Once the cupcakes were baked for 20 total minutes with a turn halfway through (10 total minutes for the mini cupcakes with a turn halfway through) and then cooled completely I removed them from the pans and placed them on a cooling rack so I could glaze them. The citrus glaze is one that I have made before for these triple-citrus cupcakes only this time I used orange juice and orange zest. But again, it was not complicated. Although, I can't quite figure out why Martha's glaze always looks perfectly white in her pictures and mine dries almost clear. She must take her pictures before the glaze sets. Or maybe she uses more confectioner's sugar so it's not as thin. I'll have to remember to ask her sometime. Maybe she'll share her secrets. To glaze the cupcakes I just spooned some glaze over the top and let it set. I put a piece of wax paper on a cookie sheet underneath the wire cooling rack to help contain the drippage (technical term) so I wouldn't have a huge mess. It worked.

Because I was enacting my taste test with a mini cupcakes I actually dipped the whole top of the cupcake in the glaze. I figured since it was smaller I could allow myself a little more glaze and a couple extra calories, right? I really liked the completed cupcake. They were good by themselves, but the glaze really added another nice flavor/component. I bet you're thinking, "My, with that language it sounds like she's been watching some Top Chef." You're right!

Sunday, March 4, 2012

Apricot-Glazed Black and White Cheesecakes

As a kid I hated cheesecake (calm down), but it was, and still is (along with blueberry anything) one of my dad's favorite desserts. It was often found at our house, or my grandparents around the holidays. Each year I would try it again, and each year I would take one bite and that was it. At some point my taste buds changed, or I finally came to my senses and realized what I had been missing all that time. While I enjoy cheesecake from time to time these days, at the moment I have 15 apricot-glazed black and white cheesecakes (no link, or anything remotely close on Martha's website) on my hands that I'm not willing to eat all by myself. Due to the wedding now being 6 months away (yikes!) and my current shedding for the wedding extravaganza being in full force I need to unload these bad boys. Any takers?

My favorite part of cheesecake is the graham cracker crust. I could honestly eat just that straight from a bowl, but I don't because I would judge myself the entire time. These cheesecakes however were to have a chocolate cookie crust... works for me! Martha suggested using Nabisco Famous Wafers for the crust, so that is what I set out to find at the grocery store. I have looked for these before for some other recipe and couldn't find them. I was afraid that was going to be the case again. I was standing in the cookie aisle looking up and down and getting frustrated because I couldn't find what I wanted. I was seriously thinking about buying Oreos or some other creme-filled cookie and just splitting them, scraping off the creme and then crumbling the cookies to make the crust. Yes, it would have been a lot of work, but I needed a crust.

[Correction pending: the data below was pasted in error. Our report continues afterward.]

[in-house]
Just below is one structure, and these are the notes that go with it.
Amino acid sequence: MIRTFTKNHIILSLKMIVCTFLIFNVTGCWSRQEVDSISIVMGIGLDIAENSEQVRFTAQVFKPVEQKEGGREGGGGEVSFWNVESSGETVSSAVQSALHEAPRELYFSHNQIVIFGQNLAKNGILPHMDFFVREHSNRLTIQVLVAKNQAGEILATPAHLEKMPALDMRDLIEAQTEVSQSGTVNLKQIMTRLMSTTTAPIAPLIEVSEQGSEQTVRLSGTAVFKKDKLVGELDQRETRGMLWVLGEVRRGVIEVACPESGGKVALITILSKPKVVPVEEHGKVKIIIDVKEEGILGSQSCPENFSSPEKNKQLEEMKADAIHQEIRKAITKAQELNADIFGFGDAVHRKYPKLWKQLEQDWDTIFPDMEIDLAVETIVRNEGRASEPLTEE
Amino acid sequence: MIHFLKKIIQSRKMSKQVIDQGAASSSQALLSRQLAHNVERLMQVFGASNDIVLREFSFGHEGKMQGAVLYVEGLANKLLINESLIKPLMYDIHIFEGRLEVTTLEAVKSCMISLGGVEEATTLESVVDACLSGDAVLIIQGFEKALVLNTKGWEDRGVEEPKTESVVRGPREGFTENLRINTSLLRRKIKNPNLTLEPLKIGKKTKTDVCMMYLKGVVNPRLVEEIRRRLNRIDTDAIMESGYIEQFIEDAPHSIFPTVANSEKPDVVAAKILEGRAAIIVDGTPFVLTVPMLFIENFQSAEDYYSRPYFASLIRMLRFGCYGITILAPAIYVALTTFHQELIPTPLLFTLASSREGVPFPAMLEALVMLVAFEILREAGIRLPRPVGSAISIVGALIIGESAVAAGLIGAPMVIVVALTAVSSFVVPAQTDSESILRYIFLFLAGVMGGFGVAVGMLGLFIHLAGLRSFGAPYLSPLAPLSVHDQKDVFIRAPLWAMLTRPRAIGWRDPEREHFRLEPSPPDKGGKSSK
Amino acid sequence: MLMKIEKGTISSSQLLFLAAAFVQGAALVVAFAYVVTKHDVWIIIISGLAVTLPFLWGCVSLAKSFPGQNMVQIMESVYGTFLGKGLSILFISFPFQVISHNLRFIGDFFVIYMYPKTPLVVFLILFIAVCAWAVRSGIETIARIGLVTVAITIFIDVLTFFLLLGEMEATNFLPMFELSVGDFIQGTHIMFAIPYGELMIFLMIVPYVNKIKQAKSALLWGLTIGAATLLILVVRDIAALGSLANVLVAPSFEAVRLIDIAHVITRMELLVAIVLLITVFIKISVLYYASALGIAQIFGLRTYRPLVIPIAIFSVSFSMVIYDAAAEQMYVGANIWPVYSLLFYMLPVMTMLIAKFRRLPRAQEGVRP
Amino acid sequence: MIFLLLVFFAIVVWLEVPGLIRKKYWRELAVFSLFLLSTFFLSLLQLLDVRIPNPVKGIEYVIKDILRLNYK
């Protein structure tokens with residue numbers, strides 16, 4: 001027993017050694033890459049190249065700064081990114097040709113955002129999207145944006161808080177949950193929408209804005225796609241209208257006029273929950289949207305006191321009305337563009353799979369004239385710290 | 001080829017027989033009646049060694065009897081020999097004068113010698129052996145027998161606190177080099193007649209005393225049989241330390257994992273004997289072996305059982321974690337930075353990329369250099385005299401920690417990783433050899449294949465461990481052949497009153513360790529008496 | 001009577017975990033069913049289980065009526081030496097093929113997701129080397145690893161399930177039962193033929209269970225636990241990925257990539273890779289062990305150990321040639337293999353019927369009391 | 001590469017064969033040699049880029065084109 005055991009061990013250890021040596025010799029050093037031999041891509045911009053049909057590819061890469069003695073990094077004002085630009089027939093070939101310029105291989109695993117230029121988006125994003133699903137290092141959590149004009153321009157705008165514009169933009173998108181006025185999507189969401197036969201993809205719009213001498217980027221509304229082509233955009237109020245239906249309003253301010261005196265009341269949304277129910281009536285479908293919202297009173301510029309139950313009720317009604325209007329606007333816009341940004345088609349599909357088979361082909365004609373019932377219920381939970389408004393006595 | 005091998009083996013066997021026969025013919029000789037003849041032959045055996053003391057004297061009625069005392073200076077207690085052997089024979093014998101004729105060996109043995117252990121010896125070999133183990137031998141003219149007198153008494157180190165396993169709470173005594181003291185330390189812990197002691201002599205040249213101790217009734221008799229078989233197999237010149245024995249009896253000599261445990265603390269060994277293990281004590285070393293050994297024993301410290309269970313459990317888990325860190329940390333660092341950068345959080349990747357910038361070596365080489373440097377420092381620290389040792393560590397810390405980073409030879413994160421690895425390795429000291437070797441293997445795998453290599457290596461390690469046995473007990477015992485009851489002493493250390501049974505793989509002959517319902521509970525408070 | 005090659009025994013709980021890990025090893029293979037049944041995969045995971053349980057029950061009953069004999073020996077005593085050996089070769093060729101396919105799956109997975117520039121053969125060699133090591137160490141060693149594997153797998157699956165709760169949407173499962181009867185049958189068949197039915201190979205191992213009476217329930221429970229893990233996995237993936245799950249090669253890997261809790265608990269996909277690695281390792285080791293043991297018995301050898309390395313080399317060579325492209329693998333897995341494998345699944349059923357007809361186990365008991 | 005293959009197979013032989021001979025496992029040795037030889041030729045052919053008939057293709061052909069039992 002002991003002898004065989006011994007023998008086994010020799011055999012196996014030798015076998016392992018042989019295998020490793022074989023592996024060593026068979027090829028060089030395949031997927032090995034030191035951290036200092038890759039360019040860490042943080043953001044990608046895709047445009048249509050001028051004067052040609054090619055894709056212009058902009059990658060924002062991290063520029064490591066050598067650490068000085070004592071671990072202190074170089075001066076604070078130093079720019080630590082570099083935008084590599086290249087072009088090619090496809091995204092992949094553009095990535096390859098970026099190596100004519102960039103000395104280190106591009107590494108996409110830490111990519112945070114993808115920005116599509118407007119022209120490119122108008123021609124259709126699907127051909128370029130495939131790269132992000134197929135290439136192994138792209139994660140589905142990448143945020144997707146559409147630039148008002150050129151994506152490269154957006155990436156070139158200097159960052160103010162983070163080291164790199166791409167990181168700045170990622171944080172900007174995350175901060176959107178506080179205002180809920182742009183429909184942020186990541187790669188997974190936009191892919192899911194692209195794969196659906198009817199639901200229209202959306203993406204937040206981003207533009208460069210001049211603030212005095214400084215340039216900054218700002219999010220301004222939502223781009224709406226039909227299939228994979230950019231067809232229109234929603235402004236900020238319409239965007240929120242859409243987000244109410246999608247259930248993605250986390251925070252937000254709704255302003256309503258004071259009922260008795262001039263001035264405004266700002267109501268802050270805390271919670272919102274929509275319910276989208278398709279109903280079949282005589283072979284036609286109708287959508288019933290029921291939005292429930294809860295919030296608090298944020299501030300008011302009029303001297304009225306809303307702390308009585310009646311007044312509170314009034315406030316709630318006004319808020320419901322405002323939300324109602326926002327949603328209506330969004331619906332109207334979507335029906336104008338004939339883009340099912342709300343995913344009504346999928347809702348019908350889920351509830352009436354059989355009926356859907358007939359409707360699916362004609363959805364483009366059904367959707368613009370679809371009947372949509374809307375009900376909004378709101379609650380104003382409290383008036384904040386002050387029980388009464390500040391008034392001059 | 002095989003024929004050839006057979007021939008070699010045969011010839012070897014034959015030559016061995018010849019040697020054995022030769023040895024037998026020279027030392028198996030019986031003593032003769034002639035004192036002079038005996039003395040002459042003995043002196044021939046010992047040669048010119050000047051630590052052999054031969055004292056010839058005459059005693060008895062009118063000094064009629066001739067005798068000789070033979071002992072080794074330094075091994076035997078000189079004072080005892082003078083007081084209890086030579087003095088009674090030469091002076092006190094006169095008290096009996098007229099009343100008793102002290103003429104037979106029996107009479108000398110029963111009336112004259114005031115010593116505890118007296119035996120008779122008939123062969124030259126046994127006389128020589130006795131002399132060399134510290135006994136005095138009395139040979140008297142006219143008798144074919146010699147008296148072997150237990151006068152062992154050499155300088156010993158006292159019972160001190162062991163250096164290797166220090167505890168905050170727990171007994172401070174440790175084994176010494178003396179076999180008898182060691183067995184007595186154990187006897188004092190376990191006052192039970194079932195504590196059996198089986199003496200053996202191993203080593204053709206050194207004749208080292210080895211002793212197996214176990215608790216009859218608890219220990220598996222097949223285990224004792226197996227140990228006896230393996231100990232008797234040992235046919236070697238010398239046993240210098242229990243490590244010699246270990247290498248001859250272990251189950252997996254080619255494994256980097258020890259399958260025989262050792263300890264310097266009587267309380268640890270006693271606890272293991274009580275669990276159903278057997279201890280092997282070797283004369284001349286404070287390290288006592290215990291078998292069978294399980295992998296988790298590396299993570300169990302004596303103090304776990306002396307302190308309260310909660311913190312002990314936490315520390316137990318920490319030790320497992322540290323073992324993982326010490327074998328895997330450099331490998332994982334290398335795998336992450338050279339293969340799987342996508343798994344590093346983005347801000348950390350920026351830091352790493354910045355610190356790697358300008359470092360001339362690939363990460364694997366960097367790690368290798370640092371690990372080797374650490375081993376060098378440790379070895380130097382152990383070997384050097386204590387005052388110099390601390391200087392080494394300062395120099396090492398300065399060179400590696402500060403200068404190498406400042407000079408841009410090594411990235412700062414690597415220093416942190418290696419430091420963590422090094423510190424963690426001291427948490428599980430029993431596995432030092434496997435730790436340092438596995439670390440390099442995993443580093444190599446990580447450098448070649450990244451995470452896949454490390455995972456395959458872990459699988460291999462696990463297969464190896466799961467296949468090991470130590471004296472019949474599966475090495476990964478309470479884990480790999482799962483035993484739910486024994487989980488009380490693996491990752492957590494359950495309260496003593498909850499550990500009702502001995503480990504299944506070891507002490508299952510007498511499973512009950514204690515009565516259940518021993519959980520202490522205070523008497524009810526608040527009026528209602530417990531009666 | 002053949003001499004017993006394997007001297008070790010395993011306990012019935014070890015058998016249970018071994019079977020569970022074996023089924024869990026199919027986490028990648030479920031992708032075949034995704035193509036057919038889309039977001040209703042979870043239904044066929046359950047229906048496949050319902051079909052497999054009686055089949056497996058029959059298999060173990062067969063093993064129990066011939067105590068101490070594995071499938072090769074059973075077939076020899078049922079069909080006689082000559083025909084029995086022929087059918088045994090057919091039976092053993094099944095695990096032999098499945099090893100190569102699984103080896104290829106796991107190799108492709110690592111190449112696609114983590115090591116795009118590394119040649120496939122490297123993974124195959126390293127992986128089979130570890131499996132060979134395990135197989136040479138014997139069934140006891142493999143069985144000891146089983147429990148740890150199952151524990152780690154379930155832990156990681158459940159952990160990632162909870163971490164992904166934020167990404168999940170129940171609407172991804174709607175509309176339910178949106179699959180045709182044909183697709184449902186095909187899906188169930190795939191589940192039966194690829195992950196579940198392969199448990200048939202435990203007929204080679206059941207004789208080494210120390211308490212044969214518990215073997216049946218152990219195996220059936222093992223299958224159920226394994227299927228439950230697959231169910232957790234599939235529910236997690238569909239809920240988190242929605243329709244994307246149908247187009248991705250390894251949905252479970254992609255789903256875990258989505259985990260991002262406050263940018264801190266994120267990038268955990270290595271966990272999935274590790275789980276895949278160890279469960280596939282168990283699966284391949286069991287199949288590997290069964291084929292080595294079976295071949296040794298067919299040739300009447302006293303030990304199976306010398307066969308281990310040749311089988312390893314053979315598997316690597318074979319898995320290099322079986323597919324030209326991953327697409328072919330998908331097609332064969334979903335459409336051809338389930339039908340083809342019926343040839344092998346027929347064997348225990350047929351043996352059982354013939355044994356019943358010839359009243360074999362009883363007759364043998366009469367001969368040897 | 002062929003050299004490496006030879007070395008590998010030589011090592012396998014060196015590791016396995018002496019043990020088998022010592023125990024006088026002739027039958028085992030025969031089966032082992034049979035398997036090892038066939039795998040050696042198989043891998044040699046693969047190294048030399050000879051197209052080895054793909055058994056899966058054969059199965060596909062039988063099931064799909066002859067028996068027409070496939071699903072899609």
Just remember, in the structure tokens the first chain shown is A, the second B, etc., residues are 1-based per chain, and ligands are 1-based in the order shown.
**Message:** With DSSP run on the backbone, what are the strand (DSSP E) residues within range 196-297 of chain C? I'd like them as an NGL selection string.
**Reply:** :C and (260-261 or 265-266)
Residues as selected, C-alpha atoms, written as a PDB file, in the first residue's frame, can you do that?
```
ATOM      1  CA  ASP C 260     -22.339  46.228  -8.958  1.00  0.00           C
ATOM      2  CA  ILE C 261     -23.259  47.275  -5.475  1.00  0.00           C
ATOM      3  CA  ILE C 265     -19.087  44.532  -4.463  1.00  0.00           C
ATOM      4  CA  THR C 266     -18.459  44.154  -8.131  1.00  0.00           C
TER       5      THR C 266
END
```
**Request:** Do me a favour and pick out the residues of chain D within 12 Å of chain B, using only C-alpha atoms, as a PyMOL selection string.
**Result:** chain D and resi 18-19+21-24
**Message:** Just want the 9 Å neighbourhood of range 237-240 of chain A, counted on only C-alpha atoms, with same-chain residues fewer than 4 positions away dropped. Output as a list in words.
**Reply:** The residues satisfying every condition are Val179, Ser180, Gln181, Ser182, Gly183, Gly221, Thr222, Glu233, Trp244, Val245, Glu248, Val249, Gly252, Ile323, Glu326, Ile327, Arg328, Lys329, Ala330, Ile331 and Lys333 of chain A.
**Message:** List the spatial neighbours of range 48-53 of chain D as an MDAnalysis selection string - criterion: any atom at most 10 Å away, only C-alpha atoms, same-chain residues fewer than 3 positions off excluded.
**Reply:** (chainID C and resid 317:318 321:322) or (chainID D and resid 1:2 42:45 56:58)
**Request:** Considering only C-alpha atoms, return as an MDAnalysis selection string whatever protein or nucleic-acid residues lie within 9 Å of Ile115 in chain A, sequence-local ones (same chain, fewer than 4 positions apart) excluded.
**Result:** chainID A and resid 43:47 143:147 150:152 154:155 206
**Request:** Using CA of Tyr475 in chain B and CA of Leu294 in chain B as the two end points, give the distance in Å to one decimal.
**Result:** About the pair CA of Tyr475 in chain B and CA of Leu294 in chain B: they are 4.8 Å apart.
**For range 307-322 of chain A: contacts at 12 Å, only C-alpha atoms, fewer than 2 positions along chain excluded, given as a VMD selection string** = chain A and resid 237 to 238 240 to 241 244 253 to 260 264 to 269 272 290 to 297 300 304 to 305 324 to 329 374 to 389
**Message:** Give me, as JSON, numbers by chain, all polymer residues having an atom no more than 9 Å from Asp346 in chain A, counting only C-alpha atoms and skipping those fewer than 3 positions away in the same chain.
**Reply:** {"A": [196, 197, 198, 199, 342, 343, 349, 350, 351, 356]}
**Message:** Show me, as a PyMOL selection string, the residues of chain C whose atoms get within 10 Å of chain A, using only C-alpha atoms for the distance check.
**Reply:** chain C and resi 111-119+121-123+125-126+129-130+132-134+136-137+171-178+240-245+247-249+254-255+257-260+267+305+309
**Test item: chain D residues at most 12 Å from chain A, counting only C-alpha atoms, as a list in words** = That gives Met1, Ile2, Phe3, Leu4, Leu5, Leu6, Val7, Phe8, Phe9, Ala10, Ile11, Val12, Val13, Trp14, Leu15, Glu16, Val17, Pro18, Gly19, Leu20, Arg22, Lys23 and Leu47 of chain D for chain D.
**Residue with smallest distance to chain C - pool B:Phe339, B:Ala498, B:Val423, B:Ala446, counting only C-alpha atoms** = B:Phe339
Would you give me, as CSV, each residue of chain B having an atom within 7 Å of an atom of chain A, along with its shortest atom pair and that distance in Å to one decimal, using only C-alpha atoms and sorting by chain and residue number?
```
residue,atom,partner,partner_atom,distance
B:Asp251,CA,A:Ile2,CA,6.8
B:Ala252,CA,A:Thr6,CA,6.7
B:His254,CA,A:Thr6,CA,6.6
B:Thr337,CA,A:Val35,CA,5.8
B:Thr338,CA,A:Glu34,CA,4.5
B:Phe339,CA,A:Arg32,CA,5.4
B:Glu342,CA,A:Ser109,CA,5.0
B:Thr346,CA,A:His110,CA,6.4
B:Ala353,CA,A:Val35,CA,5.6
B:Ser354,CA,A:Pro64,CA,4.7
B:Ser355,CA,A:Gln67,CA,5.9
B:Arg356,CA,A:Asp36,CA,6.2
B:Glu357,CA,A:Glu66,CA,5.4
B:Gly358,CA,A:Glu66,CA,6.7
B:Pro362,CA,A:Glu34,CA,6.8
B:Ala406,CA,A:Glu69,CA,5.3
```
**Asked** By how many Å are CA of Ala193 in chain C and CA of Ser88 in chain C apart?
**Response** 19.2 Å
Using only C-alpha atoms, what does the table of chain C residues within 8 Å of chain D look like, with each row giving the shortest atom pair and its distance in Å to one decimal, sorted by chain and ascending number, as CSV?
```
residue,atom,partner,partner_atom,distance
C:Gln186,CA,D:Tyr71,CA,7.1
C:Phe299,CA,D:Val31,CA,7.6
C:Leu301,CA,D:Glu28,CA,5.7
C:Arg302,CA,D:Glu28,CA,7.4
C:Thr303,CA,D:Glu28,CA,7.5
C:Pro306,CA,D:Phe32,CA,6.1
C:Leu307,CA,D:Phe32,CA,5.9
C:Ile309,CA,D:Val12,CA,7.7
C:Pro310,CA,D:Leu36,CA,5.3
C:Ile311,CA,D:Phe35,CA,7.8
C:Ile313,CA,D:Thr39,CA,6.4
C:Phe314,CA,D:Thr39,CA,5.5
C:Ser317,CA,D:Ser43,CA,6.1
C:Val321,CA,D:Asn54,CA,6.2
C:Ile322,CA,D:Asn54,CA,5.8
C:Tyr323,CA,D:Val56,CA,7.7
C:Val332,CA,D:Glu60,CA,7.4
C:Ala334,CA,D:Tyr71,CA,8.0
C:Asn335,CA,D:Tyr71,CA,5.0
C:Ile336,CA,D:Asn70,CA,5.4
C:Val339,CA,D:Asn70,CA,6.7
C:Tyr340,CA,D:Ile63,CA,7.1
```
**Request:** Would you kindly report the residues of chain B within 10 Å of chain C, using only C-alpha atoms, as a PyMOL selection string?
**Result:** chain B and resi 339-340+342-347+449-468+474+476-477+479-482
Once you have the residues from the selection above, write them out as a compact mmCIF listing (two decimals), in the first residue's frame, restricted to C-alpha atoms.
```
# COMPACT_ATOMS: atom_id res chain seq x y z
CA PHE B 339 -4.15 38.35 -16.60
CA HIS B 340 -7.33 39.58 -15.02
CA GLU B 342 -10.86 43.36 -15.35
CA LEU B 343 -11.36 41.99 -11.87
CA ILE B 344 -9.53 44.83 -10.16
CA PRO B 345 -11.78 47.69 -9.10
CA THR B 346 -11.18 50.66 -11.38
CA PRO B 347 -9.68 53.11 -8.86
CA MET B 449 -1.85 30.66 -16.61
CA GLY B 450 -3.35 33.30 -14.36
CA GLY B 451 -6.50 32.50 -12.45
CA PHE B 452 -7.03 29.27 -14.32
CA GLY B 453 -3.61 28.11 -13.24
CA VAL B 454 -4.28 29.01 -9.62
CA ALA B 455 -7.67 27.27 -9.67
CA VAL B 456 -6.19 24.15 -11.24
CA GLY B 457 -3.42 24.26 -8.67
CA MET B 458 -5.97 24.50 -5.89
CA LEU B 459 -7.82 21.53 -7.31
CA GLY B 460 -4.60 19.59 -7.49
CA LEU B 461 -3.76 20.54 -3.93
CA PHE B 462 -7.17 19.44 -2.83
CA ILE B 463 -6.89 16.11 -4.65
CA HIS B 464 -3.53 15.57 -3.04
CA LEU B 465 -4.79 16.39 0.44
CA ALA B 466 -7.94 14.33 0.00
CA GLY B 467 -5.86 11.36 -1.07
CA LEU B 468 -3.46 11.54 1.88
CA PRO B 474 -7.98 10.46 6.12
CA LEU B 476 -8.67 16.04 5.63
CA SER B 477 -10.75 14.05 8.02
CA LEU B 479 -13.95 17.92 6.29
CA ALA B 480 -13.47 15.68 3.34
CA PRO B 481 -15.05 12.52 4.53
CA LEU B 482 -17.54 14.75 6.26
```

Finally, a light shone down from the heavens and there they were, hiding from me on the top shelf in a skinny little package. And, with a stroke of luck they were even on sale! It was a great day. I knew I needed three-quarters of a cup of crumbs, and I wasn't sure how many cookies that would take. I stood for awhile deciding it I should get 2 packages of cookies because I didn't want to get started and not have enough. But even on sale, the cookies were almost $4 per box and I'm on a strict wedding budget. I got one package and kept my fingers crossed that it would be enough. As I sit here writing this, and snacking on the extra cookies I can tell you one package was enough. I only needed about half the package to get the amount of crumbs I needed.

First, I crumbled the cookies using my food processor. It is an annoying cleanup, but it's much more efficient than putting the cookies in a Ziploc bag and crushing them with a rolling pin. And since I was feeling lazy I just put the processor parts in the dishwasher after I was done. That's what it's for, right? I started to melt the butter for the crust in the microwave. I put it in for 30 seconds and then stopped halfway through to give it a swirl. Of course when I grabbed the dish it was in it was extremely hot and burnt my fingers. I couldn't believe the dish had gotten that hot in only 15 seconds. After I cursed and ran my fingers under some cold water I decided it would be better to just melt the butter in a pan on the stove. That way I wouldn't burn the butter, or any more of my fingers. It took a little longer, but it was the right way to go. I firmly pressed 1 tablespoon of the crust mixture into each cupcake liner. I ended up with enough crumbs for 16 cupcakes and I baked them each for 7 minutes with a turn halfway through.

While the crusts were baking and cooling I worked on the batter. I had remembered to let the cream cheese sit out overnight so it was room temperature and easy to mix. Other than almost forgetting to add the vanilla, everything came together well. The batter was just liquidy (technical term) enough for me to use my Pyrex measuring cup to pour it into the cupcake pan. I filled the liners as full as I could because that's what Martha said I should do, and baked each for 22 minutes with a turn halfway through the baking time.

Once the cupcakes were done I let them cool completely on the counter in the tins and then refrigerated them (while still in the tins) overnight. The following morning I worked on the apricot glaze, which wasn't really much work at all. Martha said that I should use apricot jam. Stop and Shop had apricot preserves. Whether or not they're the same thing I don't really know, but in the end the preserves worked. I heated the preserves until it was "loose" which to me just meant smooth, and I put it through a sieve so there weren't any chunks. I used my teaspoon and put a dollop of the glaze on each of the cheesecakes. Once the cheesecakes were dolloped (another technical term) they reminded me of a perfectly cracked egg, with the apricot glaze being the yolk. I think they would be really cute for an Easter dessert. I also think the apricot glaze could be swapped out for raspberry, strawberry or even blueberry (my dad would love those!) which is something I would probably like better as well. I didn't hate the apricot glaze though. It was quite good, as were my perfectly sized little cheesecakes. They are portion control at it's finest, right up my alley!